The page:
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Lecture

BIOC33/34 Lec 10.docx

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Department
Biological Sciences
Course
BIOC33H3
Professor
Stephen Reid
Semester
Winter

Description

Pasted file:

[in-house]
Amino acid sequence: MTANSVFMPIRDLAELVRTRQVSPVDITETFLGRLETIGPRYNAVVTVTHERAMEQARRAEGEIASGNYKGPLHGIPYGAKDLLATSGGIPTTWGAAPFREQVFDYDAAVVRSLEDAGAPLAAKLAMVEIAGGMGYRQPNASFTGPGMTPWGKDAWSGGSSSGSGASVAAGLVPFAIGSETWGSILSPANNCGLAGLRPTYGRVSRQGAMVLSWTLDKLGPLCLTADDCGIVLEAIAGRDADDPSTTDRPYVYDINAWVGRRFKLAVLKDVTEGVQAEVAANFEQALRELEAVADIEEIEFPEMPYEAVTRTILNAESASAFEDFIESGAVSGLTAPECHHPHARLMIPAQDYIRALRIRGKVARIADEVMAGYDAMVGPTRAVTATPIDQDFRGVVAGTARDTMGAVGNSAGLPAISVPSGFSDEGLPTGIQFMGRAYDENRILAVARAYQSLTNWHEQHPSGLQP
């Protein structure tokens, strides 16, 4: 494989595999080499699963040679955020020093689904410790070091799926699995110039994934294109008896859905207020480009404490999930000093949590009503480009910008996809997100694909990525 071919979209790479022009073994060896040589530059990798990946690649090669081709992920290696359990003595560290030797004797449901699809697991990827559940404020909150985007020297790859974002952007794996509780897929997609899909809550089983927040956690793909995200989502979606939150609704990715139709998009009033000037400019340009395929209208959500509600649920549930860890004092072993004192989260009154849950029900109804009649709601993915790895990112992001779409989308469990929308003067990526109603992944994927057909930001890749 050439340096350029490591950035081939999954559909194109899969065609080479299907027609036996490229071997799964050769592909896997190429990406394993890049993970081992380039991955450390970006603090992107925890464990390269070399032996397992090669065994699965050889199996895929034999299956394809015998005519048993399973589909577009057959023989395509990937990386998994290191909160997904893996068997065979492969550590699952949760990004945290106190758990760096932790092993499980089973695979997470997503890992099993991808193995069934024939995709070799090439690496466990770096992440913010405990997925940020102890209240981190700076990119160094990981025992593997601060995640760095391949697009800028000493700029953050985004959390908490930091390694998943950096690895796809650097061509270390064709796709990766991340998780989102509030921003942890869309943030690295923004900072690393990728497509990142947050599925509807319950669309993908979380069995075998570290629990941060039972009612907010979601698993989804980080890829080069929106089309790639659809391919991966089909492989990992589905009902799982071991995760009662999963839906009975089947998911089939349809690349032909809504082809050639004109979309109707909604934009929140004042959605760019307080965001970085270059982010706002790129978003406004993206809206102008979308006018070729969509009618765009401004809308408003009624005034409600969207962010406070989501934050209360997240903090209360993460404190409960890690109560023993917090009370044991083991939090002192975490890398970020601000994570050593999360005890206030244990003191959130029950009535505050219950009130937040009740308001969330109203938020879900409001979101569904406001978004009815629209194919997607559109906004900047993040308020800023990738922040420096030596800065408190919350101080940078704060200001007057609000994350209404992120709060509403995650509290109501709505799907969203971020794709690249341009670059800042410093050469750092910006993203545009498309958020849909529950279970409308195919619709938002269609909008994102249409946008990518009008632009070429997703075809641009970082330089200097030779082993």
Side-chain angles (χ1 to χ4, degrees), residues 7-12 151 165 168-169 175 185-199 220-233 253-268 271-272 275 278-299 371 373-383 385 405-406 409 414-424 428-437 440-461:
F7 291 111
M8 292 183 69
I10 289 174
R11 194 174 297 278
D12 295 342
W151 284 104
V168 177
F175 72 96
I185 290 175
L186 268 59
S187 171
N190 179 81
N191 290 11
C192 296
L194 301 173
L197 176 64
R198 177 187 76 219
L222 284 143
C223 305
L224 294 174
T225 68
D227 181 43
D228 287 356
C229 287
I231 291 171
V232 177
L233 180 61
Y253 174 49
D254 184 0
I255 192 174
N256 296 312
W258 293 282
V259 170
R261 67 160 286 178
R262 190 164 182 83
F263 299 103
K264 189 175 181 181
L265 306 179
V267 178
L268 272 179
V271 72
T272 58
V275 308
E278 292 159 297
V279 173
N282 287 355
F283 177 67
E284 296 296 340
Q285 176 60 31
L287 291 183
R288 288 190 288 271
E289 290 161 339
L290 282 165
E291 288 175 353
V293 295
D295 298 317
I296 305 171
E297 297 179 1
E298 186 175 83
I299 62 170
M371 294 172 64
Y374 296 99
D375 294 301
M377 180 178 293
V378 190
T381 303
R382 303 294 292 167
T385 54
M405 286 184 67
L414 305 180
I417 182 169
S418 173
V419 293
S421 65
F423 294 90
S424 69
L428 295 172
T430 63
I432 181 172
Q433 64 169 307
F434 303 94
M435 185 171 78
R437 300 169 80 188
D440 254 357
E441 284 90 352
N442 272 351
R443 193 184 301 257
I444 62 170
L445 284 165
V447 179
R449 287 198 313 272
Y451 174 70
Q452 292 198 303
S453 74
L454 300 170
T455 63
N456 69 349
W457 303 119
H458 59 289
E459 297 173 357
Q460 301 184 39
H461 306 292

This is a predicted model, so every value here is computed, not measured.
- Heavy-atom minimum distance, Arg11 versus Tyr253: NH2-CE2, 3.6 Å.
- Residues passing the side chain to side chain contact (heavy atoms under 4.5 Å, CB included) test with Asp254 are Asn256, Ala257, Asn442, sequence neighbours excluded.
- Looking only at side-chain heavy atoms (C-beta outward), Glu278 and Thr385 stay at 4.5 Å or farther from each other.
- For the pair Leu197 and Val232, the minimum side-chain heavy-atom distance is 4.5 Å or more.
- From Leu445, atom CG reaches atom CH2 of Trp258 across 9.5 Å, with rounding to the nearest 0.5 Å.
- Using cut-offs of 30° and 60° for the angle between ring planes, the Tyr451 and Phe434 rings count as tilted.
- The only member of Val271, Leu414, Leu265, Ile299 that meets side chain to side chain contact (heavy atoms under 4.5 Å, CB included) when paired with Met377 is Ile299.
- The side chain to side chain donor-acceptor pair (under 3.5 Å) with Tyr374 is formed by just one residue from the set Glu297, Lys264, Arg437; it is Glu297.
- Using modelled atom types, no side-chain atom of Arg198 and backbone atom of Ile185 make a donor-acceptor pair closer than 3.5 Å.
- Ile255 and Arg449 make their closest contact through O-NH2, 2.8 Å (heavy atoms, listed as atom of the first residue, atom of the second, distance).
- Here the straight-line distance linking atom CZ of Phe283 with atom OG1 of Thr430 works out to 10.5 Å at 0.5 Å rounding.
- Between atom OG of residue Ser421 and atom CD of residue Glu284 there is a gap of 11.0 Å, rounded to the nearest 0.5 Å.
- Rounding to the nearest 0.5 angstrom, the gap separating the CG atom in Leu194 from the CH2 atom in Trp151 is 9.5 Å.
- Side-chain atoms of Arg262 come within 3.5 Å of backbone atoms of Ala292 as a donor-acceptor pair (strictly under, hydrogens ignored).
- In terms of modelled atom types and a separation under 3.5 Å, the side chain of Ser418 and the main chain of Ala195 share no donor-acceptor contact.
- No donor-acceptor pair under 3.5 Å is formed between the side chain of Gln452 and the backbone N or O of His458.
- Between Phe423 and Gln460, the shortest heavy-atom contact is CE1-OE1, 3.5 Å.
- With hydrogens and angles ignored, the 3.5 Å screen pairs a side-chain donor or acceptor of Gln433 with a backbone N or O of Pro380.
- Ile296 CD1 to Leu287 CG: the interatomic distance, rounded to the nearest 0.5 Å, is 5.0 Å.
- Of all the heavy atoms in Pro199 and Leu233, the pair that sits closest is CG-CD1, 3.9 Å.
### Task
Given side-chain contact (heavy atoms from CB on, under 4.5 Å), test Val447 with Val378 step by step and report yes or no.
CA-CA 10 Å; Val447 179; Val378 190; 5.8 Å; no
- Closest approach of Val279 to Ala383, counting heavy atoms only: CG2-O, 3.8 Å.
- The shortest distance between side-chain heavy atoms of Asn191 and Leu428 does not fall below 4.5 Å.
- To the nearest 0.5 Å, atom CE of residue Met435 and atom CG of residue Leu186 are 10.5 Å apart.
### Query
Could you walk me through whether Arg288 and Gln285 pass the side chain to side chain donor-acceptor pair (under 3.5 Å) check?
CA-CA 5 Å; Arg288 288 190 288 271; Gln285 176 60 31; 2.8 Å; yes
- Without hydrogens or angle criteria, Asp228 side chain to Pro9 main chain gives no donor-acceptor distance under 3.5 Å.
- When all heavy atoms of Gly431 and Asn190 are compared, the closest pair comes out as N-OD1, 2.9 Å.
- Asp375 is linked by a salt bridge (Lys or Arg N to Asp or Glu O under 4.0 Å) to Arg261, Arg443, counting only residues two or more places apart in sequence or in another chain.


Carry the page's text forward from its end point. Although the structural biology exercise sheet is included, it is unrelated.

BIOC33/34 Lec 10. Feb 5/14  Lungs, Thoracic Cavity and Pleura o Lungs sit in the thoracic cavity - comprised of ribs, sternum, intercostal muscles, diaphragm o Diaphragm = major respiratory muscle o Each individual lung is situated within a pleural sac  Pleural sac consists of 2 linings: • Visceral pleura - sits right on top of lung tissue • Parietal pleura - annealed to chest walls; ribs and muscles  In between the two, small pleural space - interpleural fluid. Negative pressure space. Fluid is important to keep these 2 linings together  Important pressure differences o 3 important pressures  Atmospheric pressure (Patm) - subject to change with atmospheric conditions  Alveoli pressure (Palv) - under resting conditions, is the same as atmospheric pressure • Changes over course of inspiration allowing air in and expiration to allow air out • Only manipulate this  Interpleural pressure (Pip) • Palv - Pip = transpulmonary pressure o Pressure driving lung expansion o Get initial decrease in Pip allowing lungs to decrease and air to flow in o ** scheme we are looking at is a bit more nuanced than this initial scheme- purposes of air flow is okay to think about it like this o 2 important pressure differences  Palv – Pip = Transpulmonary pressure • Driving force for lung expansion  Patm – Palv: Driving force for air flow into or out of the lungs  Ideal gas law o 2 components to air flow that are important:  Pressure gradient driving air in and out of lungs. Patm - Palv  Resistance to air flow o When looking at pressure gradient, not changing Patm, changing Palv o Can change Palv in 2 ways:  Changing volume of lungs  Changing amount of air/number of moles of air in lungs o PV=nRT  Rearrange to solve for P  P = nRT/V  Boyle’s law o Over inspiration and expiration, changes in pressure and number of moles of gas  Air flow o Pressure gradient divided by resistance to flow  Air flow = (Patmospheric – Palveolar) / R o Resistance to flow is created by air flowing through larger tubes and through bronchioles then trachioles o Resistance within individual tubes changes as they get smaller and smaller - like blood flow o Diagram on bottom right  Breath volume goes up during inspiration and down during expiration  Alveolar pressure relative to atmospheric pressure • Prior to inspiration = the 2 are equal • Reverses during expiration  Inspiration o Top half of diagram: Alveolar pressure relative to Patm  Goes down first and comes up to equivalency at end of inspiration just before expiration o On top of diagram:  Blue dots are molecules of air  See change in moles in lungs as they are sucked into lungs by atmosphere o During inspiration (initial stages) pressure in alveoli (relative to Patm) decreases -lungs expand and get pulled out by transpulmonary pressure  Transpulmonary pressure increase, causes lungs to expand - lung volume increases o As lung volume increases, alveoli pressure decreases (Ain diagram) - causing increase in Patm - Palv gradient and air gets sucked into lungs o Get change in pressure relationship - instead of going down, it begins to go up because the number of moles of gas in the lung is increasing  Still being taken into the lungs - alveolar pressure is always lower than Patm during inspiratory phase  Gradient for air flow builds up, maximizes and becomes less o PhaseA  Pressure goes down because volume is going up o Phase B  Number of moles of air increases causing alveolar pressure to go up  This occurs until alveolar pressure and Patm are the same  At this stage, the pressure decrease caused by change in volume has been balanced by pressure increase caused by change in # of moles in lungs  airflow STOPS - lose pressure gradient o Lungs are inflated, go into expiratory phase  Expiration o Reverse occurs o Lungs are now expanded and begin to decrease in volume - diaphragm is no longer contracting now moving upwards o Thoracic and chest collapse back in to normal volume - lung volume goes down; as this happens, pressure goes up o Air is being exhaled - number of moles of gas in lungs decreases o Decrease in pressure in latter phase of expiration due to decrease in number of moles of gas o Alveolar pressure increase (from decrease in V in lungs) is balanced out by decrease in pressure from decrease of number of moles of gas o Alveolar pressure = Patm  no more airflow o 2 points of no airflow:  Initial pause between inspiration and expiration  Transition from inspiration to expiration o Majority of pause happens after expiration  Between inspiration and expiration - happens instantaneously  Pressure-volume changes during inspiration o Have neural input to respiratory muscles - diaphragm is the primary muscles innervated by phrenic nerve  Phrenic nerve comes off cervical area and travels down to innervate diaphragm o External intercostal muscles - also used in inspiration, not as important as diaphragm o Have muscles contracting, diaphragm moving downwards, ribs move up and outward and get expansion of chest wall  Pressure- volume changes during inspiration o As the chest wall begins to expand and move outwards, it pulls on interpleural fluids - get a pulling outwards of interpleural space and fluid o Picture it as having a fixed volume of space being pulled apart and this creates a negative pressure in interpleural space  Interpleural pressure decreases due to outward pulling  Pressure- volume changes during inspiration o As interpleural pressure goes down, (as of yet, no change in Palv). Ptp increases  if Palv has not changed and Pip goes down, difference between the two increases (Ptp) o Ptp = pressure causing lungs to expand and increase volume of the lung o As volume of lung goes down, Palv falls o Get a flow of air into lungs and causes Palv to go up; get a feedback which stops the process  Pressure-volume o In this sequence of events, o Start with neural input along phrenic nerve  causes diaphragm to contract, intercostal muscles to contract, ribs move up and out, chest wall expands o Causes an outward pull in interpleural fluid - decrease Pip o Pip decreases  Palv has not changed. Transpulmonary pressure increase  gradient for lung expansion; lung expands  increase in volume of the lungs o From ideal gas law, know when V increases, P goes down o Palv goes down  Patm - Palv pressure gradient increases  gradient for airflow into/out of lungs o Air has flown into lungs and achieve status where the increase in P has gone back to Patm  at pause for inspiration to expiration  Lung compliance o When lungs are expanding and contracting, have a degree of expandability or compliance o Compliance: a measure of the ease of expansion the lungs o Lung Compliance = ΔLung Volume /Δ(Palv – Pip)  Low compliance: any given change in pressure leads to a relatively small change in volume  High compliance: the same change in pressure leads to a relatively large change in volume o There are 3 volumes which are going to be looked at: o TLC = total lung capacity  Total amount of air that can exist in lungs when there is a maximum inspiration and can no longer breathe in o RV = residual volume  Amount of air in lungs after a maximal expiration o FRC = functional residual capacity  Residual volume + air that would be in between a normal expiration and maximum expiration o Lung compliance changes w